n/a
Abstract Title:

Intake of okara soup for 2 weeks for breakfast improved defecation habits in young Japanese women with self-reported constipation: A randomized, double-blind, placebo-controlled, intervention study.

Abstract Source:

J Food Sci. 2020 Oct ;85(10):3570-3576. Epub 2020 Sep 4. PMID: 32885419

Abstract Author(s):

Akihiro Maeta, Masahiro Katsukawa, Yasushi Inomoto, Yaeko Hayase, Kyoko Takahashi

Article Affiliation:

Akihiro Maeta

Abstract:

Okara is a byproduct of soymilk manufacturing and a rich source of protein and dietary fiber. We investigated whether okara intake improves the habit of defecation in young Japanese women (n = 52) with self-reported constipation. Subjects were categorized into placebo and test groups, who ingested soymilk (0.1 g fiber/meal) and okara (4.1 g fiber/meal) soups, respectively, every day for breakfast, for 2 weeks. Subjects' body composition, bowel movement frequency per week, and constipation assessment scale (CAS) and brief-type self-administered diet history questionnaire scores were assessed at baselineand after the intervention (Analysis 1). Further, subjects' bowel movement frequency per week and CAS scores were assessed during the 2-week follow-up (Analysis 2). There were no significant differences in age, anthropometric characteristics, nutrients intake, frequency of bowel movements per week,and total CAS scores between the placebo and test groups at baseline. After intervention, the total CAS score was significantly lower in the test group than in the placebo group. Moreover, the difference in the total CAS scores between baseline and after intervention was lower in the test group than in the placebo group, although not significant. The weekly frequency of bowel movement significantly increased for both placebo and test groups. The test group reported reduced abdominal bloating 2 weeks after the intervention, but the placebo group did not. The findings suggest that okara is effective in increasing the frequency of bowel movements and improving defecation habit in young women with self-reported constipation. PRACTICAL APPLICATION: Okara is an effective food to increase the frequency of bowel movements and to improve defecation habits in young women with self-reported constipation.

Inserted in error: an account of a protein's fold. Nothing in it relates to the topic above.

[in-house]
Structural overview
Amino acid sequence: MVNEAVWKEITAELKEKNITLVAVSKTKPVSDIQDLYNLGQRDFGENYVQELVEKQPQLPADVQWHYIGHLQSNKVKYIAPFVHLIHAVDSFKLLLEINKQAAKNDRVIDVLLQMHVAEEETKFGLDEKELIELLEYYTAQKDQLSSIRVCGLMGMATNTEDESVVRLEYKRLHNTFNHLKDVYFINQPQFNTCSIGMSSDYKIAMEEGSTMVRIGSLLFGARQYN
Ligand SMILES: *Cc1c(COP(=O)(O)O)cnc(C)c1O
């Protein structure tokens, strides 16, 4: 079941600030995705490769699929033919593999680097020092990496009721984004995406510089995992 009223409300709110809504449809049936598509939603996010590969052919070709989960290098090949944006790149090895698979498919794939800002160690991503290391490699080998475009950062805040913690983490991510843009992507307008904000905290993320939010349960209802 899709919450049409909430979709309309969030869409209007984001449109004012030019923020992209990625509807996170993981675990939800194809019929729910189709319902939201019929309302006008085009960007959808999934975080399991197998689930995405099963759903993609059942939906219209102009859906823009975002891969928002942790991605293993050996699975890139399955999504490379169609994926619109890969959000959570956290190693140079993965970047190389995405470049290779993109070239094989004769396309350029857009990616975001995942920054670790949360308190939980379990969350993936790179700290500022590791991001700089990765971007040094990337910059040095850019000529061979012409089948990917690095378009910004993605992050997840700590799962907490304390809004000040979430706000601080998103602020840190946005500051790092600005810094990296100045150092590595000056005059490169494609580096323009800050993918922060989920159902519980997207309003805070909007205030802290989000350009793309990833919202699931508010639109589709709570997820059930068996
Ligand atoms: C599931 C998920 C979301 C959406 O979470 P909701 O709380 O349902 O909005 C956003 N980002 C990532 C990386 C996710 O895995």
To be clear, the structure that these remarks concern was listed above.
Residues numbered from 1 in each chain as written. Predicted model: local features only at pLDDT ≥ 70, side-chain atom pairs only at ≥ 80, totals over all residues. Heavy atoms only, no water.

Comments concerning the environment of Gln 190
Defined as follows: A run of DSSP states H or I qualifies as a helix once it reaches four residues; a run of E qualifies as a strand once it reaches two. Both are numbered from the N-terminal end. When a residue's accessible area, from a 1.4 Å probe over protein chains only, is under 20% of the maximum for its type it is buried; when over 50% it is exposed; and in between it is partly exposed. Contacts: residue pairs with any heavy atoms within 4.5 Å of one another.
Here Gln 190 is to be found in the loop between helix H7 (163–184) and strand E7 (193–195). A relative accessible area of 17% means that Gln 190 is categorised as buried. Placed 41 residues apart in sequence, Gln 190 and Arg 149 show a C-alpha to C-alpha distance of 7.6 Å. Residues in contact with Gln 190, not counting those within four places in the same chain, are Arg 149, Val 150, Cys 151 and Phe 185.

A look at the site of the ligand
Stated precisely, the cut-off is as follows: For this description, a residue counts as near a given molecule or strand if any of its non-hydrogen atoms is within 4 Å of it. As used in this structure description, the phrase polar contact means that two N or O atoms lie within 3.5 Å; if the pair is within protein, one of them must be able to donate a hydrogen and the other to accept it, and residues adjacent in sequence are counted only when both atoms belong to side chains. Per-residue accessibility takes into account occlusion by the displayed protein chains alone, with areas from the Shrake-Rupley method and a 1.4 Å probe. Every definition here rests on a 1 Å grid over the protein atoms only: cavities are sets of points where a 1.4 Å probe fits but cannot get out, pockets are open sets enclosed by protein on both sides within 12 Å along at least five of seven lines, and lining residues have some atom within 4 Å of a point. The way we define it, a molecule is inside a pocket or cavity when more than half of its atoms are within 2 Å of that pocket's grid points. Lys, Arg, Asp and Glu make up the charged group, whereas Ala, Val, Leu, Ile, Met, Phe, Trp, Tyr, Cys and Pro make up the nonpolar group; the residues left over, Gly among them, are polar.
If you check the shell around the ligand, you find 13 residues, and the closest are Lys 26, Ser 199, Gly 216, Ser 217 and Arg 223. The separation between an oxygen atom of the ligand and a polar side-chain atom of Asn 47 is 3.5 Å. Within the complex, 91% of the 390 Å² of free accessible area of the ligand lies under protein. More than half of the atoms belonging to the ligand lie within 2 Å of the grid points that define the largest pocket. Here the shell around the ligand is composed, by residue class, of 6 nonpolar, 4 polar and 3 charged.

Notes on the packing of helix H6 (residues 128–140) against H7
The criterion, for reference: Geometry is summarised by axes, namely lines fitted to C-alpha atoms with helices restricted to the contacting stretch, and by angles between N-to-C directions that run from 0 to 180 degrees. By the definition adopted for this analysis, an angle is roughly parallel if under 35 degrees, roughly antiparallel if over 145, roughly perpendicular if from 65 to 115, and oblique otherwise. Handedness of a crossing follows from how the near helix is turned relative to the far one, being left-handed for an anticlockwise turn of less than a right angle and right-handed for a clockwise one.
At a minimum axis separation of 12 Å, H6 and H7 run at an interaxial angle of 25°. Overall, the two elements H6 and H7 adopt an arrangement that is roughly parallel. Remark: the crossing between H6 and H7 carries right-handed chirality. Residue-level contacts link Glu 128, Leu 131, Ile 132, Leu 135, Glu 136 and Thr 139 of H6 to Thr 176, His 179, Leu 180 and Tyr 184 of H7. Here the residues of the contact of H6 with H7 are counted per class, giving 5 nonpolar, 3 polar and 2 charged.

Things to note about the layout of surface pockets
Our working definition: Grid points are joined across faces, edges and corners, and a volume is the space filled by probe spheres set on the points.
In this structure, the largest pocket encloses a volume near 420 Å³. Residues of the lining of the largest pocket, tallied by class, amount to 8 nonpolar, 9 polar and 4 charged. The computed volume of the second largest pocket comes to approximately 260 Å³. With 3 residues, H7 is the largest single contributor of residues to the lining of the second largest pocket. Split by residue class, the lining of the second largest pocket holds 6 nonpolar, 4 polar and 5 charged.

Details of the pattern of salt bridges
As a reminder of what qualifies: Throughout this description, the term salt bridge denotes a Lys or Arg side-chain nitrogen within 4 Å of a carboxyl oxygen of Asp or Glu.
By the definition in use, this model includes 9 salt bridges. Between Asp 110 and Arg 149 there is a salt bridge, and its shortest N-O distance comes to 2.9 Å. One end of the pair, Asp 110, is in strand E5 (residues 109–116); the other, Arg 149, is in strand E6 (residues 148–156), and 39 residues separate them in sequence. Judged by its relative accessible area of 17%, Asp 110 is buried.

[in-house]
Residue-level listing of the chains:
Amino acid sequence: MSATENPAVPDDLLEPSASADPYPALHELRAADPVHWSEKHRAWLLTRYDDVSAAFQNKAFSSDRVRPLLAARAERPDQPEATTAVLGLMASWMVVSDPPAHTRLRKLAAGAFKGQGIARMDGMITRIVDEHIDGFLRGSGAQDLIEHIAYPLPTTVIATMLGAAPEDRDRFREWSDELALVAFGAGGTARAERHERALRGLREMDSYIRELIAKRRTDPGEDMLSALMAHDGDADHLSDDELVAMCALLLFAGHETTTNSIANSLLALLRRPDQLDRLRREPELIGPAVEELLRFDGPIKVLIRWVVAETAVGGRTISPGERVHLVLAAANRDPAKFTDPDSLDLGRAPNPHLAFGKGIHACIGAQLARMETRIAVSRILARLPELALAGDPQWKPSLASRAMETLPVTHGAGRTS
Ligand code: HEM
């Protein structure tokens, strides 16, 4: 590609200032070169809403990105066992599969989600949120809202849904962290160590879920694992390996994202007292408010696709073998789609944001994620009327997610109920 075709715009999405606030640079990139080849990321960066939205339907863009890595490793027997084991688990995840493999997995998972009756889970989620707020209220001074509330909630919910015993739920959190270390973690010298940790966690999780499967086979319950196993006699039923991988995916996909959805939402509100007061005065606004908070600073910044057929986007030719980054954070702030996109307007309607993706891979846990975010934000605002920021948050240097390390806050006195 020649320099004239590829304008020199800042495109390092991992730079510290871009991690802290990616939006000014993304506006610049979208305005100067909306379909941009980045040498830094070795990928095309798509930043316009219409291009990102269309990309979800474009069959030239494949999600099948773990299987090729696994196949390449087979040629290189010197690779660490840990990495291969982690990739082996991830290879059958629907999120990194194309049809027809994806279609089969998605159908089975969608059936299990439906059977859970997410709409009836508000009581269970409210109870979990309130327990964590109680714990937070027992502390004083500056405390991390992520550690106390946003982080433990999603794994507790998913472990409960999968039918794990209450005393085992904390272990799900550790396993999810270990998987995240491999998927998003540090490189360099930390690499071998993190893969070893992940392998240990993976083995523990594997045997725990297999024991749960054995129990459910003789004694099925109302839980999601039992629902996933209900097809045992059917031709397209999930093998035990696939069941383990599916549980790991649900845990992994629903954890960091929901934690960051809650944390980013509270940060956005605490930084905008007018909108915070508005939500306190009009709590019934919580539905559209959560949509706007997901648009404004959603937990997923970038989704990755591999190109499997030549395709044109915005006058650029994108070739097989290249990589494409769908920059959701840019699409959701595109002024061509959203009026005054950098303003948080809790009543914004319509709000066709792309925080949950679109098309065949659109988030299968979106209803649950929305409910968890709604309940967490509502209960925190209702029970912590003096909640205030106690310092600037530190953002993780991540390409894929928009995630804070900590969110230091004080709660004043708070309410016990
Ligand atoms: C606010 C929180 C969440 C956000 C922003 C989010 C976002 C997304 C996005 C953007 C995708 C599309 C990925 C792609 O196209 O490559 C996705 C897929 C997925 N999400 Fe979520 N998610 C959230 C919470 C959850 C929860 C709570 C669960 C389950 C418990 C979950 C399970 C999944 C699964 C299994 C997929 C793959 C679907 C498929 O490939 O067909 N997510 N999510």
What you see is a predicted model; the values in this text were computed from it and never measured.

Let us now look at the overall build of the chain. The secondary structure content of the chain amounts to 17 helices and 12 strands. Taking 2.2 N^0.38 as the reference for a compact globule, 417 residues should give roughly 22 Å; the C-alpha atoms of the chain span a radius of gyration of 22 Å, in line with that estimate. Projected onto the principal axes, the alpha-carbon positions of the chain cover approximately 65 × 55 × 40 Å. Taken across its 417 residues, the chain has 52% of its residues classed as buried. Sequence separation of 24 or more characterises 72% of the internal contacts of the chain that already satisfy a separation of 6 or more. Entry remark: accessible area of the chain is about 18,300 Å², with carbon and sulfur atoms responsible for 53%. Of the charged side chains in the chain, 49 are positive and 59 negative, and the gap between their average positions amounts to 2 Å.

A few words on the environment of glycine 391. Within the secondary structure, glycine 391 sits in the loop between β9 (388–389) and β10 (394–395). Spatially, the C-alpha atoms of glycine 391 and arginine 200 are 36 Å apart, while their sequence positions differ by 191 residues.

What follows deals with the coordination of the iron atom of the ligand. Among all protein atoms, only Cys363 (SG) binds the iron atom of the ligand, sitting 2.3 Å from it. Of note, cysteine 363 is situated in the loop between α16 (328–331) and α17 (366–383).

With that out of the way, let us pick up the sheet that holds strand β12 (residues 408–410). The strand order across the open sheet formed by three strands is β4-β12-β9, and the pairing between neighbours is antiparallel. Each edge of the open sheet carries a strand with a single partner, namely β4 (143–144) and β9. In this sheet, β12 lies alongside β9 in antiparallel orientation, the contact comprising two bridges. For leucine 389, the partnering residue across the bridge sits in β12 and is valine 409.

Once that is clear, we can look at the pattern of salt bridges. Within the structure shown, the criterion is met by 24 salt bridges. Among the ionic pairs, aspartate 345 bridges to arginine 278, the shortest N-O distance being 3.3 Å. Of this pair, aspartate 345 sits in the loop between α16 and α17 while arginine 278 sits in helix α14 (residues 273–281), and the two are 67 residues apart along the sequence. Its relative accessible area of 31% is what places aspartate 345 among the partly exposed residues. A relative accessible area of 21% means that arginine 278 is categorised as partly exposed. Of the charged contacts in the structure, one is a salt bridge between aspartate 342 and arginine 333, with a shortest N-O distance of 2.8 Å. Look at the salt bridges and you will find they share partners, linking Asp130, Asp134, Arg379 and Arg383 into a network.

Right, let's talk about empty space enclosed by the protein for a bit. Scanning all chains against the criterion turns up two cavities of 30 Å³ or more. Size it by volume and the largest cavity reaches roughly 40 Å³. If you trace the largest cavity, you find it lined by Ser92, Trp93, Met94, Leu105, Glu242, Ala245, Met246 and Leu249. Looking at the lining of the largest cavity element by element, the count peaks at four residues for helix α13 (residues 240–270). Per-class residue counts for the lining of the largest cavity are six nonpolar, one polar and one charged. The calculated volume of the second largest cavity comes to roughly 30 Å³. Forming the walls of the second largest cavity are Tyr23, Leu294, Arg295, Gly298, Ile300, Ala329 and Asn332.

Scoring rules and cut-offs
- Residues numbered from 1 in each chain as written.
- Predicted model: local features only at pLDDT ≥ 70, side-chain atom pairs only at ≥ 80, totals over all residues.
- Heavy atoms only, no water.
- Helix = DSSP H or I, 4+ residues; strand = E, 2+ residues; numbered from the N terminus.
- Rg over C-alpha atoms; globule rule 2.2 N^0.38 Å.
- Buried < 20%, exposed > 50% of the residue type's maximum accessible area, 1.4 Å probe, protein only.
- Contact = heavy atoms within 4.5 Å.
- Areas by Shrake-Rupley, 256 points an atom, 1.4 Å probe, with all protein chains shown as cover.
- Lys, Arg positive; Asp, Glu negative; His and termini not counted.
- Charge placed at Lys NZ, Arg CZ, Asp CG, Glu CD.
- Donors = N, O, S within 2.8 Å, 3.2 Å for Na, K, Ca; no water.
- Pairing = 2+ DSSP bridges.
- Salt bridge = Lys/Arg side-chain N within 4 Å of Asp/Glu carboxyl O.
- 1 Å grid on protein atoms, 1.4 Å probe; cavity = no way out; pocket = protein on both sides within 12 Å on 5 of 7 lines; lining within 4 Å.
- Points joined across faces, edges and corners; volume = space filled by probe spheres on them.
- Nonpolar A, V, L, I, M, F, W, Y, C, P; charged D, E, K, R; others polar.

Study Type : Human Study
Additional Links
Pharmacological Actions : Laxative : CK(42) : AC(6)

Print Options


Key Research Topics

Sayer Ji
Founder of GreenMedInfo.com

Subscribe to our informative Newsletter & get Nature's Evidence-Based Pharmacy

Our newsletter serves 500,000 with essential news, research & healthy tips, daily.

Download Now

500+ pages of Natural Medicine Alternatives and Information.

This website is for information purposes only. By providing the information contained herein we are not diagnosing, treating, curing, mitigating, or preventing any type of disease or medical condition. Before beginning any type of natural, integrative or conventional treatment regimen, it is advisable to seek the advice of a licensed healthcare professional.

© Copyright 2008-2021 GreenMedInfo.com, Journal Articles copyright of original owners, MeSH copyright NLM.